Wams352 said: My comment? Sci fi fans are TRULY a lot smarter than most people give them credit for! I get so tired of the stereotypical view (that others have) about people who enjoy sci fi! How do I know they’re smarter? Sheesh, look at all these book review comments! How many other fans (say of oh, “American Idol”) could or would fully read an anthology and then write out an intelligent essay on teh subject- when it’s not for classroom credit! (OK now I’ve dissed a popular TV show that I find lame, hopefully haven’t offended any of the brilliant fans of SGA!)

Or bother to know who the writers are on their favorite shows. Or even look at the name on the spine. Yes, I agree. Kim Stanley Robinson calls us “the Cassandra Ghetto” – in that we see the future but aren’t respected for it. But, as he says, being in the ghetto gives you a certain type of freedom, as well as a certain responsibility. To my mind, science fiction is first and foremost entertainment and must be entertainment if it is to function effectively. And some people just can’t see past that, just as some people can’t acknowledge animation as legitimate narrative or cartoons as art. But science fiction will never be just entertainment. It has been, since its inception, a fundamental contributing factor both in how we view our increasingly technological world and in actually dictating the shaping of that technological world, and as the branch of literature devoted to examining humankind’s relationship with technology, it is coming into its own as the most important literature of the 21st century. Which is as good a place as any to end this. I’ll keep coming by to see if there are more comments – aw heck, I’m a dedicated reader of Joe’s blog now, who am I kidding? And those of you who are still waiting on your copy of FF1 or working your way through it, feel free to drop by my own blog and let me know how you find it if you miss this window. The quality of the feedback (as well as the quantity!) is truly wonderful, and a really unique experience I could get addicted to. Given the way this is creating a back and forth as I lay out FF2, I hope you will choose to read and discuss that too if its offered and when its out in October, because, well obviously I’d like to sell the book, but also because I’d like to see if you thought I took the right things from these comments, and, Joe’s indulgence permitting, I’d love to come back and discuss that one with you all as a follow-up to this.But whether you have me back or not – to all of you and to Joe to – thank you very much for this opportunity right here right now. It’s been a blast.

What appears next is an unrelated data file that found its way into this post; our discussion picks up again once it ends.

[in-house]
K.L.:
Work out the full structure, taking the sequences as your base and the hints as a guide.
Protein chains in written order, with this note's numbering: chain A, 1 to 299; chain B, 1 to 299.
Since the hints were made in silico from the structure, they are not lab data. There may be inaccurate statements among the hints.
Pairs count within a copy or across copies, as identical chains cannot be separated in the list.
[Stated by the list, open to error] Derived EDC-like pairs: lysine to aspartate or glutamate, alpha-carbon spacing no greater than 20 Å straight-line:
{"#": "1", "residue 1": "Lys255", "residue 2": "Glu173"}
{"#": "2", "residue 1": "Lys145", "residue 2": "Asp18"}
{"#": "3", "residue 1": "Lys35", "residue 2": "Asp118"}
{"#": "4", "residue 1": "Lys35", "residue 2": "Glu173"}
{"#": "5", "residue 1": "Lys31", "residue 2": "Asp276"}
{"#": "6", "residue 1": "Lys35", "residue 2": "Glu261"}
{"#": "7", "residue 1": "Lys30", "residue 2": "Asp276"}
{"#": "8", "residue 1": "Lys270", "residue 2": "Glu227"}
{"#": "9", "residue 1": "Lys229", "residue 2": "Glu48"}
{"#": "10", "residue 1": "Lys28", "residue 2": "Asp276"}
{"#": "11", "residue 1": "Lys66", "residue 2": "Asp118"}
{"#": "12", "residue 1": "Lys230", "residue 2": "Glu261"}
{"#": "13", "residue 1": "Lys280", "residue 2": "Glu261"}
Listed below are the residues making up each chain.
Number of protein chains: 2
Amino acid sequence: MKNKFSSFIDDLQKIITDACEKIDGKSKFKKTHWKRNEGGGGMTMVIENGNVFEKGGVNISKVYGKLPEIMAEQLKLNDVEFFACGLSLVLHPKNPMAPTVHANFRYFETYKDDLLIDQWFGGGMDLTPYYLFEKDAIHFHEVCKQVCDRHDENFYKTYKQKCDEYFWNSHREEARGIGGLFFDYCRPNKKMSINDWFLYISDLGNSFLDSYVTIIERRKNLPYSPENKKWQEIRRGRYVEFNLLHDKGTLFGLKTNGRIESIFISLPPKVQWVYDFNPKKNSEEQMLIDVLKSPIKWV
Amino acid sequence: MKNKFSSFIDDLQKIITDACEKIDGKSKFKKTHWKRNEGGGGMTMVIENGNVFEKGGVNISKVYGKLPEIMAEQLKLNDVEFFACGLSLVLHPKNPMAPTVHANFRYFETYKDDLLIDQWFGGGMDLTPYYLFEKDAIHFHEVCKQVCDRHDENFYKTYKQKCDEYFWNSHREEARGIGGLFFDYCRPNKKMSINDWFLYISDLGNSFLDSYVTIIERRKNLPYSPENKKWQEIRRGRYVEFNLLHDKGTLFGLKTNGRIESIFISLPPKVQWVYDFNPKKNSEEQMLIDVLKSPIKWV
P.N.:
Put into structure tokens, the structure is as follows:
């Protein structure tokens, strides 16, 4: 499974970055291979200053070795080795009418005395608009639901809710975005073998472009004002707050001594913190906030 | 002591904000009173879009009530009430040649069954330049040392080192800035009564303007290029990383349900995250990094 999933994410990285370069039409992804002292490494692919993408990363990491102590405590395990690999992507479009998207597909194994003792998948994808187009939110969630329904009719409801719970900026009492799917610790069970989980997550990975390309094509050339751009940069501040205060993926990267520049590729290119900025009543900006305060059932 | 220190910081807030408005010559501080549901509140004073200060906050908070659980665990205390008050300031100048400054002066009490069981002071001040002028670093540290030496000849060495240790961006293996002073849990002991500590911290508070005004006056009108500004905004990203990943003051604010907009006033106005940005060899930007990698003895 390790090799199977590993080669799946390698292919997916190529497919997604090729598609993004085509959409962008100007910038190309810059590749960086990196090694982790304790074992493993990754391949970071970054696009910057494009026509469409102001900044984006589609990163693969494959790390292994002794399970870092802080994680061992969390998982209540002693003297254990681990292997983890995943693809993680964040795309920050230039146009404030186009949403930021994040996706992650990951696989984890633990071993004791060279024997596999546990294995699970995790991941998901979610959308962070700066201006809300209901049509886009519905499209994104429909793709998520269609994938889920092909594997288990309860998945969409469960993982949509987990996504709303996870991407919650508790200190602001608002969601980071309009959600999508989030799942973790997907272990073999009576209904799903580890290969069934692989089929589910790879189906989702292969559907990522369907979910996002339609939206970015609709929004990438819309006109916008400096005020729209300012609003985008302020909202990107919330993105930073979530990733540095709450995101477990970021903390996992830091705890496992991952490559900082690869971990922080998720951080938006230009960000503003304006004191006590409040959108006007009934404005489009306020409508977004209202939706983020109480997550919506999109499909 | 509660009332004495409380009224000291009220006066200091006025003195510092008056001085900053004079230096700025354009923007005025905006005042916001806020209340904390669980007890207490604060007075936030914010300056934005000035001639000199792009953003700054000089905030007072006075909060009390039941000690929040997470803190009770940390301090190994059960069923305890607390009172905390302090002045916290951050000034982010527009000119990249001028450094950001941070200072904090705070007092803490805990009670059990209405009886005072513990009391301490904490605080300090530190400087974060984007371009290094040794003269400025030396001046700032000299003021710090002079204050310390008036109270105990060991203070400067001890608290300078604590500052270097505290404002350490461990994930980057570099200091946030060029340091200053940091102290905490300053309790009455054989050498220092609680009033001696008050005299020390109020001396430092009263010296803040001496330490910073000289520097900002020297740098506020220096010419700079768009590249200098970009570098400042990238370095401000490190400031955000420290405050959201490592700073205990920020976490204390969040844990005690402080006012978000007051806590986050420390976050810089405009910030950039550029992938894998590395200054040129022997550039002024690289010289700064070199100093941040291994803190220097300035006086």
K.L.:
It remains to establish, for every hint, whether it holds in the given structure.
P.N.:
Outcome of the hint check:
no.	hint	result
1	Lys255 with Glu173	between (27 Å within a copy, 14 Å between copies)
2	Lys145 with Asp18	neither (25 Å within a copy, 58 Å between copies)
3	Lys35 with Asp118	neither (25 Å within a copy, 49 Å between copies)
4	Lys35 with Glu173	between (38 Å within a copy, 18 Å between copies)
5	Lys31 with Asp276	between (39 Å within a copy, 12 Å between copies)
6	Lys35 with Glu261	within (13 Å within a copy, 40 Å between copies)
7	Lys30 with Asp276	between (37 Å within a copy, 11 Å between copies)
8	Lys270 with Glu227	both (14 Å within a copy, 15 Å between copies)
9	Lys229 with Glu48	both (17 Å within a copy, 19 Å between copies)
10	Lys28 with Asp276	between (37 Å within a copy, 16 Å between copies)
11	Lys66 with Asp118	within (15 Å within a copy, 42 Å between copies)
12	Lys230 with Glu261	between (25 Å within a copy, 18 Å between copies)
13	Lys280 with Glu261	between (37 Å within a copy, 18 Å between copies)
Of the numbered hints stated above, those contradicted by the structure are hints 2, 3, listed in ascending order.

Lou Anders, Editorial Director

Pyr, an imprint of Prometheus Books



65 thoughts on “February 21, 2008: With Special Guest Star…Lou Anders!

  1. *fast forwards to seek an answer on something totally unrelated to the bald dude with the future book, Sorry… I’m just not into reading much (Insert Joe’s rude yet witty and ego-shattering comment on my unwillingness to read books)*

    Seriously, What is the status of SGU?… We’re NOT asking for plot details or casting rumors, Just simple honest answers to the following questions.

    1. Have Wright and Cooper started writing yet?
    2. Has Scifi mentioned anything about picking up SGU yet?
    3. If 2 is answered yes, Any idea when we’ll get confirmation from Scifi and MGM?

    Please man, Throw us a frickin bone!

  2. hey will we be seeing any more of teylas backstory inn season 5 at all more about her Mother and Father and did she have any siblings growing up because so far i think she is the Only Character On atlantis yet whose Family we havent heard much about i would like to see more of that